Who is this that approaches like the dawn, as beautiful as the full moon, as pure as the sun…
Song of Solomon, 6:10
The third tallest statue in the United States bears the image of the Blessed Mother and stands astride the jagged Rocky Mountain Continental Divide 3,000 feet above the city where I grew up. The massive 90-foot tall, sixty-ton steel statue is called Our Lady of the Rockies, overlooking Butte, Montana.
For being one of the world’s great engineering marvels, she is a gem that is slowly being discovered. Since she was built in 1985, people from all over the world have been traveling to this remote outpost to see her in ever greater numbers. So how did this statue come to be?
As we shall see, Our Lady of the Rockies is a manifestation of Butte’s close-knit community. The magnificent figure of the Blessed Virgin Mary is anchored on the mountaintop just east of the city. She is visible to all for miles around; an icon for Butte’s residents and countless travelers along Interstate 90. This Madonna, and the people who put her there, tell an incredible story of resilience, innovation, and trust in God.
Butte began as a humble silver mining camp until the discovery of rich, subterranean copper veins in 1880 coincided with the advent of electrification and the nation’s veracious appetite for telephone wire and conductors. Overnight, miners and laborers flocked to Butte from all over the globe, including England, Italy, Slovakia, China, and especially Catholic Ireland. Butte’s economy skyrocketed.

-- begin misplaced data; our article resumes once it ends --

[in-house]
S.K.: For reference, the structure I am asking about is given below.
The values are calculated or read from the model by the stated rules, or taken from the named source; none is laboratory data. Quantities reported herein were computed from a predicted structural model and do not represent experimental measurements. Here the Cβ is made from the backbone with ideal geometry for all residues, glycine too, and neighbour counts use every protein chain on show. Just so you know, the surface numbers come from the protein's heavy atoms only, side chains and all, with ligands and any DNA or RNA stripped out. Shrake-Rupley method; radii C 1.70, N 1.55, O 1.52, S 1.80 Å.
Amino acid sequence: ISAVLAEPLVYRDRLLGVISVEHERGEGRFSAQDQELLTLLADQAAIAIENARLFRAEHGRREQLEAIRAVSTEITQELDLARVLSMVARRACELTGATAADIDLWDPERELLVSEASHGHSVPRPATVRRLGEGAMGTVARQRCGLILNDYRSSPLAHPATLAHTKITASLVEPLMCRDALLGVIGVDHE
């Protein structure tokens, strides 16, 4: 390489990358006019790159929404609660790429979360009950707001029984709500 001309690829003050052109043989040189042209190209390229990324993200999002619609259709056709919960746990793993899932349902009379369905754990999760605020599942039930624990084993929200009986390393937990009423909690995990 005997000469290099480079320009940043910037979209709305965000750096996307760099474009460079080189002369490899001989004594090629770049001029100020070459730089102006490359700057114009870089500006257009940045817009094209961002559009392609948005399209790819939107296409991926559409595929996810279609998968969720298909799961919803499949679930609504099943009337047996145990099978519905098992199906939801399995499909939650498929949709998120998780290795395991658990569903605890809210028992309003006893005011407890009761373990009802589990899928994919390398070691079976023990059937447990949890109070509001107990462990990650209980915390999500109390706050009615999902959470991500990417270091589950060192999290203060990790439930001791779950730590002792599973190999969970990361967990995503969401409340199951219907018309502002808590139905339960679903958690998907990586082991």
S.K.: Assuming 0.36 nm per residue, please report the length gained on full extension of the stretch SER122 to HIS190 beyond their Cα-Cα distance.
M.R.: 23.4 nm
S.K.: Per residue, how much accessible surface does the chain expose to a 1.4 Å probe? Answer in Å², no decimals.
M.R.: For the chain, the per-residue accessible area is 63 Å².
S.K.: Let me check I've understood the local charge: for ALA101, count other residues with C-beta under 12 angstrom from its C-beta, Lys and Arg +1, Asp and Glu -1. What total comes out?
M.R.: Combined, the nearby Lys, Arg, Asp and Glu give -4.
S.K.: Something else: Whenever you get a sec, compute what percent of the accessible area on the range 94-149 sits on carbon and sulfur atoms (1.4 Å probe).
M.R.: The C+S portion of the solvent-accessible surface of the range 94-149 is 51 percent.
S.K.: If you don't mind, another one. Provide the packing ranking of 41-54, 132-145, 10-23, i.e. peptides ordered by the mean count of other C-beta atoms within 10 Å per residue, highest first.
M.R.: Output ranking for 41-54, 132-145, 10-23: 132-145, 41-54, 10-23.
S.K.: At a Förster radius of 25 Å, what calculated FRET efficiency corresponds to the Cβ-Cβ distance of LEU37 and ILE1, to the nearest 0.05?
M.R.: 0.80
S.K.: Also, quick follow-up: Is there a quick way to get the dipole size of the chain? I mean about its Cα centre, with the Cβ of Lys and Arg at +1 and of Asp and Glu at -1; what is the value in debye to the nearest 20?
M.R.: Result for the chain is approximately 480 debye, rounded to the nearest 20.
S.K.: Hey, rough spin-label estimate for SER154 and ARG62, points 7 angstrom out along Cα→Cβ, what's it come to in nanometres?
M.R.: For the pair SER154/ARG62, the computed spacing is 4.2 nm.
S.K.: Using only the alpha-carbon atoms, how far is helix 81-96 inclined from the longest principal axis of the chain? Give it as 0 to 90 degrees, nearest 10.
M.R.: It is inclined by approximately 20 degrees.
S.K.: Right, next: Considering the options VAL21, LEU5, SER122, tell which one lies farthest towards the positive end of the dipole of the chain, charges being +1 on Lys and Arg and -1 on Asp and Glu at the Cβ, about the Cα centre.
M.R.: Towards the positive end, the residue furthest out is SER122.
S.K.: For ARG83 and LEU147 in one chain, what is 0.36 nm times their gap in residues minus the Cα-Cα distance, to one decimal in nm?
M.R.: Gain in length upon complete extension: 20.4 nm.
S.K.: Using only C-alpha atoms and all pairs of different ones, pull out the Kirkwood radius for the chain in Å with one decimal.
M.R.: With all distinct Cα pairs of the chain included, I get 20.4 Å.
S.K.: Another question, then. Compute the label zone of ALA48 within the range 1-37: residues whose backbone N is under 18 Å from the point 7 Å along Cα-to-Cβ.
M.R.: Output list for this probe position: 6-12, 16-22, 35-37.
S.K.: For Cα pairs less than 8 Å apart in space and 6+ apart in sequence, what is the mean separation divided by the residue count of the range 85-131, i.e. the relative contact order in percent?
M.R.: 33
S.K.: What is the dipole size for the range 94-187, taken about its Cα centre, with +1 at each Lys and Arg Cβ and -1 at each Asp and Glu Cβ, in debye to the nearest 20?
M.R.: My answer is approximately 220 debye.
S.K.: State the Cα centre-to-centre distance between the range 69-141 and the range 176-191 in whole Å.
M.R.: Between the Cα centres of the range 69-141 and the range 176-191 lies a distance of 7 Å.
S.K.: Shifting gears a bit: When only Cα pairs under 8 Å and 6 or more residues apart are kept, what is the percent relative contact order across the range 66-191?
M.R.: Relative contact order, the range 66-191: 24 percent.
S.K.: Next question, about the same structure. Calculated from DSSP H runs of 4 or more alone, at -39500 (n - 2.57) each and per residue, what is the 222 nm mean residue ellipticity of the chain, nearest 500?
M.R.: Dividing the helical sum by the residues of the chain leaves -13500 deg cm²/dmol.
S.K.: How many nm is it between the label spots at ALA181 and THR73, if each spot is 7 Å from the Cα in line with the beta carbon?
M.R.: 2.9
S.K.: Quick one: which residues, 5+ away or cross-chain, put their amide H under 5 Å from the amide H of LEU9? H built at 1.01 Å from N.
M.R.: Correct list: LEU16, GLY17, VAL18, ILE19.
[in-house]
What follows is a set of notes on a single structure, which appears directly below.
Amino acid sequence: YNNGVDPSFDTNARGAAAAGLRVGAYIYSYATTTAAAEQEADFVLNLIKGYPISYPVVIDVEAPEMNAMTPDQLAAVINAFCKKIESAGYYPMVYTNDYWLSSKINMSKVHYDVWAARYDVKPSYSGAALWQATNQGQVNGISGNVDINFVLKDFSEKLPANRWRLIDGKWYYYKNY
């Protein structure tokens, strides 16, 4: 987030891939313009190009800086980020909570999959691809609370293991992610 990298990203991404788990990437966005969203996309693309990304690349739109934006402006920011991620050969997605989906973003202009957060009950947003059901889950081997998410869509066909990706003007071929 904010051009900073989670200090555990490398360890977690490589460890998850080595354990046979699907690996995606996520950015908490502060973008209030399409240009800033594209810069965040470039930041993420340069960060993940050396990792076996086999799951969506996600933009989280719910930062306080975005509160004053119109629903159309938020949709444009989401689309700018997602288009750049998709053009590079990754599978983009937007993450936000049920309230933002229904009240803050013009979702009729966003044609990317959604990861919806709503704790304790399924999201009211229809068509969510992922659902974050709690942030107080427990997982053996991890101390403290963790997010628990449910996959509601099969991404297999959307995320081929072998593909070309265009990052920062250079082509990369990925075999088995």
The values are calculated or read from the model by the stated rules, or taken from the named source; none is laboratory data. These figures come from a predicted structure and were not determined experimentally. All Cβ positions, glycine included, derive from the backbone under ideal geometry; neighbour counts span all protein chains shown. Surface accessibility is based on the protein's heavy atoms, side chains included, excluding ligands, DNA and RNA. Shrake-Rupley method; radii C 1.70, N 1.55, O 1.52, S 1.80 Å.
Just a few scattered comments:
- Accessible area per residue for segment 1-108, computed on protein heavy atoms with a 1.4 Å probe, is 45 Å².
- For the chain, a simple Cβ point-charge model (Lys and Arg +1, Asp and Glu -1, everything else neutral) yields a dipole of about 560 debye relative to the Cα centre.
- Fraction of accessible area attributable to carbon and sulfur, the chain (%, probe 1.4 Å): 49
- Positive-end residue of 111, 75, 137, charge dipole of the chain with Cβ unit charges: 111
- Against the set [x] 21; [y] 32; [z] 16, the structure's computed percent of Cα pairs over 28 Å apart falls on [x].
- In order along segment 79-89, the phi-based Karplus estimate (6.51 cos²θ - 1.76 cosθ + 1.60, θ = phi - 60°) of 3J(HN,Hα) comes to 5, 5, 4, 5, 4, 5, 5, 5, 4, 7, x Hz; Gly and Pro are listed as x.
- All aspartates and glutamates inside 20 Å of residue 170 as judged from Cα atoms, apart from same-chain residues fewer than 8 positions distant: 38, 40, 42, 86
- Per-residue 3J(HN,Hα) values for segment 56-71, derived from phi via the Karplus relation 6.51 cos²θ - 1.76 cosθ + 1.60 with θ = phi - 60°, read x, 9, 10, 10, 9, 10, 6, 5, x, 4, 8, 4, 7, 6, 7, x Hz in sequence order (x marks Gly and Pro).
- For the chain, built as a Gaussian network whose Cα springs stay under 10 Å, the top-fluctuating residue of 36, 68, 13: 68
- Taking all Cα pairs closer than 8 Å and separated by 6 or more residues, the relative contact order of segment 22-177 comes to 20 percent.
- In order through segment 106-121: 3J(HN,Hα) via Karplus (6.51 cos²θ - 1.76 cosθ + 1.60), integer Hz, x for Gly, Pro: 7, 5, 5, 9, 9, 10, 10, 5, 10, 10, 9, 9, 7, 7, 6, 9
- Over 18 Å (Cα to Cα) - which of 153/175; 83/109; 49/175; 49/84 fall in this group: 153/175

As the networks of miles-long tunnels grew beneath ground, the city above flourished, consisting of diverse ethnic neighborhoods, beautiful architecture, and a sophisticated arts scene. What was once a collection of tents around a muddy creek ballooned to a population of 90,000, at one point becoming the largest city between St. Louis and San Francisco. It was easily the world’s top copper producer, and it was said that there more Irishman in Butte than in Ireland.
Butte’s riches were also spiritual. Since a large majority of the miners were from Italy, Germany, and Ireland, Catholicism also thrived. It took faith and determination to pile into a crowded mine-cage and plummet thousands of feet to the dim, hot, dusty tunnels from which were formed with drill bit, blasting cap, and miner grit to extract the ore that illuminated cities and powered progress.
Former resident John W. Blewett described the Catholic atmosphere in his piece Riches Above, Riches Below:
“One of the Masses I loved to serve as a boy was the 5:15 a.m. mass in our parish. The church was filled with miners carrying their breakfast/lunchpails. In some instances their wives and children would be with them at that early hour. For everyone there, the Holy Eucharist was the first and most important nourishment taken that day. When the Mass was ended, and we had finished begging St. Michael for God’s protection, the miners headed for what was called “The Richest Hill on Earth” . . . . Knowing that one of them might not come out of the mine alive, it was comforting to know that they had already offered the prayer, works, joys, and sufferings of the day to Jesus, through the Immaculate Heart of Mary.”
Complete with baptismal picnics, Eucharistic processions, St. Patrick’s Day revelry, and Irish wakes, Catholicism was woven into everyday life in Butte. The city once boasted ten Catholic churches, seven parishes, nine Catholic schools, and was known across the state as a lush fountain for religious vocations.
Sadly the source of Butte’s material prosperity ran dry. As the demand for copper lessened and the mining industry expanded internationally, the mines and Butte’s economy took a terrifying nose-dive. By 1975 nearly all the mines were closed, leaving the community reeling.